Making change starts at Home
Projects Coordinator Holly Hullena caught up with busy Masterton Mum, Jenny Tyer and her son Cameron to find out about an exciting learning process that eventuated to creating a journey to learning.
Holly: How long has Cam been riding to school by himself?Jenny: Since the start of this school year.Holly: How do you feel about him heading off to and from school independently?I think it’s a little nerve wracking for any parent the first time you let them go off on their own, but I trust that I have prepared him as much as I can, and Cameron has shown that he has developed a good understanding of cycle safety and the importance of keeping himself safe on the road.Holly: What do you think triggered the idea around getting him to cycle to school?We are fortunate to live close enough to school so that biking is possible so my thinking was if we can, we should! It was also to help develop a sense of independence for Cameron too.Holly: How did you go about getting him ready?We spent much of 2017 going for bike rides on the weekend. It started with biking the route to school and home again with me instructing Cameron along the way, identifying possible hazards, how to overcome them, basic road rules, safe places or sign posts to stop at to check for traffic at certain intersections, plus safe places to get help if he was ever in need of it on the way to or from school. Then we progressed to Cameron leading me on the rides and showing that he was confident and capable of managing the ride easily.Holly: Were there any particular challenges you were worried about or that came up on the way?A couple of busy intersections, plus a narrow road that cars tend to go quite fast down were my biggest concerns, but that’s why we took our time last year so that both of us were confident Cameron knew how to best handle them. Oh and the fact he now thinks he needs a cell phone in case he needs to get hold of me – that’s been a challenge!!!Holly: What are the benefits that you have found from Cam getting himself to school? Is there any follow on benefits that you have found for you?His sense of independence has grown and he now bikes further afield than just school, also it’s been great for his problem solving skills. He’s had a puncture and a minor fall of his own making but he has managed to sort these things for himself (without the help of a cell phone so that Mum can fix it!) That said, part of our ‘training’ included those safe places where he knew people along the way whose place he could go to for help if he was really stuck and they could contact me.For me, it’s great to see Cam becoming confident in his abilities and taking the initiative of wanting to do more….and it allows me a wee bit of extra time each day not having to do the school runs, so it’s win-win.Holly: What would your advice be to parents that are on the fence about letting their kids travel by themselves to school?I think preparation is key, take the time to ride with your kids if you can, on weekends, during holidays – where ever you can fit it in (and I appreciate that isn’t always easy), talk about hazards, their responsibilities on the road to other road users, and if possible, line up a ‘safe place’ they can go if there is ever a problem. Always model road safety when you are riding with them, that’s important too. In the end it does boil down to trust, trust in your child that they are ready, and trust in yourself that you have prepared them well.Holly: What do you think the culture is around active travel at school? Is this a conversation that the school tries to start up with their families?Yes I believe it is. It’s great to see kids either walking or biking to school, but it’s not always possible for a variety of reasons. But if it is a possible option for your family, I think there are so many benefits to both parent and child that go beyond just the act of biking to school.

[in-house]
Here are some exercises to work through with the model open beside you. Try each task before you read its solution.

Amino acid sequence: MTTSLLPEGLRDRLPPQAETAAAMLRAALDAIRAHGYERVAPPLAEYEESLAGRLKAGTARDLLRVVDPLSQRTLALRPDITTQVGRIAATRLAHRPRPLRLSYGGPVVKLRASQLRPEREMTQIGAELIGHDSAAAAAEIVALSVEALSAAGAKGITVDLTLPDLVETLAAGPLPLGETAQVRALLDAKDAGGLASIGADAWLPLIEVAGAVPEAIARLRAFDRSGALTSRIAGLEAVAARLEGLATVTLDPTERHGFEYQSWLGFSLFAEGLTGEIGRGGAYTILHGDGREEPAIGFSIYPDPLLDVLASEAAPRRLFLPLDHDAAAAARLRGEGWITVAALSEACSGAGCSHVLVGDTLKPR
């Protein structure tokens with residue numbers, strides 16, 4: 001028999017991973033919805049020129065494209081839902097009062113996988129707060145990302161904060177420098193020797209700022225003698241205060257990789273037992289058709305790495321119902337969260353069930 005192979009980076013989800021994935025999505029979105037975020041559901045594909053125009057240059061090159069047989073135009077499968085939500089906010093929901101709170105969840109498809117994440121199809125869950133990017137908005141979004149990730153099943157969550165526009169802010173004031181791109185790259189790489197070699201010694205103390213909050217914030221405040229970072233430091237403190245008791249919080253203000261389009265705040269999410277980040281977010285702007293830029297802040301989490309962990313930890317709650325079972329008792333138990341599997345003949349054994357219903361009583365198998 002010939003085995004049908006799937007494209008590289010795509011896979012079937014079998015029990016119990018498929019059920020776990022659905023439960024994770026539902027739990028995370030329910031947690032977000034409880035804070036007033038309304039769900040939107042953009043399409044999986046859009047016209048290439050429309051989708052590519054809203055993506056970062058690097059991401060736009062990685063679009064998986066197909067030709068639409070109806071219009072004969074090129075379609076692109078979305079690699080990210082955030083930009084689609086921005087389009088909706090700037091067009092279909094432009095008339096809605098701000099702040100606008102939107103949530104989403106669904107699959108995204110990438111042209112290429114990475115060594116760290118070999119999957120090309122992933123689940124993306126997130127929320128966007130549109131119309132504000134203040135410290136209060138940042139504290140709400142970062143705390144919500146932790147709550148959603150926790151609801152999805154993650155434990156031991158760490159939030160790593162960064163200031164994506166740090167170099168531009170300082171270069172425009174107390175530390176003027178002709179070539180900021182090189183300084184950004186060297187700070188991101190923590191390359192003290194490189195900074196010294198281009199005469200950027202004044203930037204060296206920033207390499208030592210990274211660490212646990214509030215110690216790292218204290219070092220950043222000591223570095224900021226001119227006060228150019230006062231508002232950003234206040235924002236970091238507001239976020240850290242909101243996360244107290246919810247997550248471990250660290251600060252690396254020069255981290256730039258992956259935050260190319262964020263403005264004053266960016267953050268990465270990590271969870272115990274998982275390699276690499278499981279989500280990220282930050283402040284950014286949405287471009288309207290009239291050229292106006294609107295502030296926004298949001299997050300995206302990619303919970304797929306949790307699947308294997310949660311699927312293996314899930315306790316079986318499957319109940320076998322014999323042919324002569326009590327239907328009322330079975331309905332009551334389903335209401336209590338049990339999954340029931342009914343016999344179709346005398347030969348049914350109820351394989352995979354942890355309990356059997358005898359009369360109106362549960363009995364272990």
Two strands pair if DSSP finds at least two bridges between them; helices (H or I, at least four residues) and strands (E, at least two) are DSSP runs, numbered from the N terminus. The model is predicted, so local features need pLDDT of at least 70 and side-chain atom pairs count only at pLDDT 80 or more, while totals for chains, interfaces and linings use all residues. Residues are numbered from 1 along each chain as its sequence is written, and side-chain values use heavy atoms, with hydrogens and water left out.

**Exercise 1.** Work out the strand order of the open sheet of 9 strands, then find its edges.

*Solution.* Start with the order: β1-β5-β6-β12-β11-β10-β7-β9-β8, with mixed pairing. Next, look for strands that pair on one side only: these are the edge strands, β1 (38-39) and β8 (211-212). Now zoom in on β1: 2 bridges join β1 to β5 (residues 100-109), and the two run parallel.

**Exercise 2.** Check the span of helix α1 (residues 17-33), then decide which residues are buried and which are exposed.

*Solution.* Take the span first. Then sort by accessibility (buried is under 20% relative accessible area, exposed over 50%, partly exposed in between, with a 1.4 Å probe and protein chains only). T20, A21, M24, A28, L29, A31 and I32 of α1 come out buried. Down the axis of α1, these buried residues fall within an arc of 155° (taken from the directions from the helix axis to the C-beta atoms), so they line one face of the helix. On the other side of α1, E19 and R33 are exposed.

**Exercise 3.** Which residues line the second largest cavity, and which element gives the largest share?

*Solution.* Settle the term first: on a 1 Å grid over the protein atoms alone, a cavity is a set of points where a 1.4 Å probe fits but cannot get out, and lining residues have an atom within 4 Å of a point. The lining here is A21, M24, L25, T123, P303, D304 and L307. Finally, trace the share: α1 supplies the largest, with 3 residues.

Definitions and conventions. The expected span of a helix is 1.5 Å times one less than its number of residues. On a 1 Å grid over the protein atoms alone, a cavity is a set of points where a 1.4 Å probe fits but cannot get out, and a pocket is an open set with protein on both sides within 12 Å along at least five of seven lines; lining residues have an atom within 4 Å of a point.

Do you have a story that could inspire others around road safety? Email Holly email@example.com
Wednesday 11th of April 2018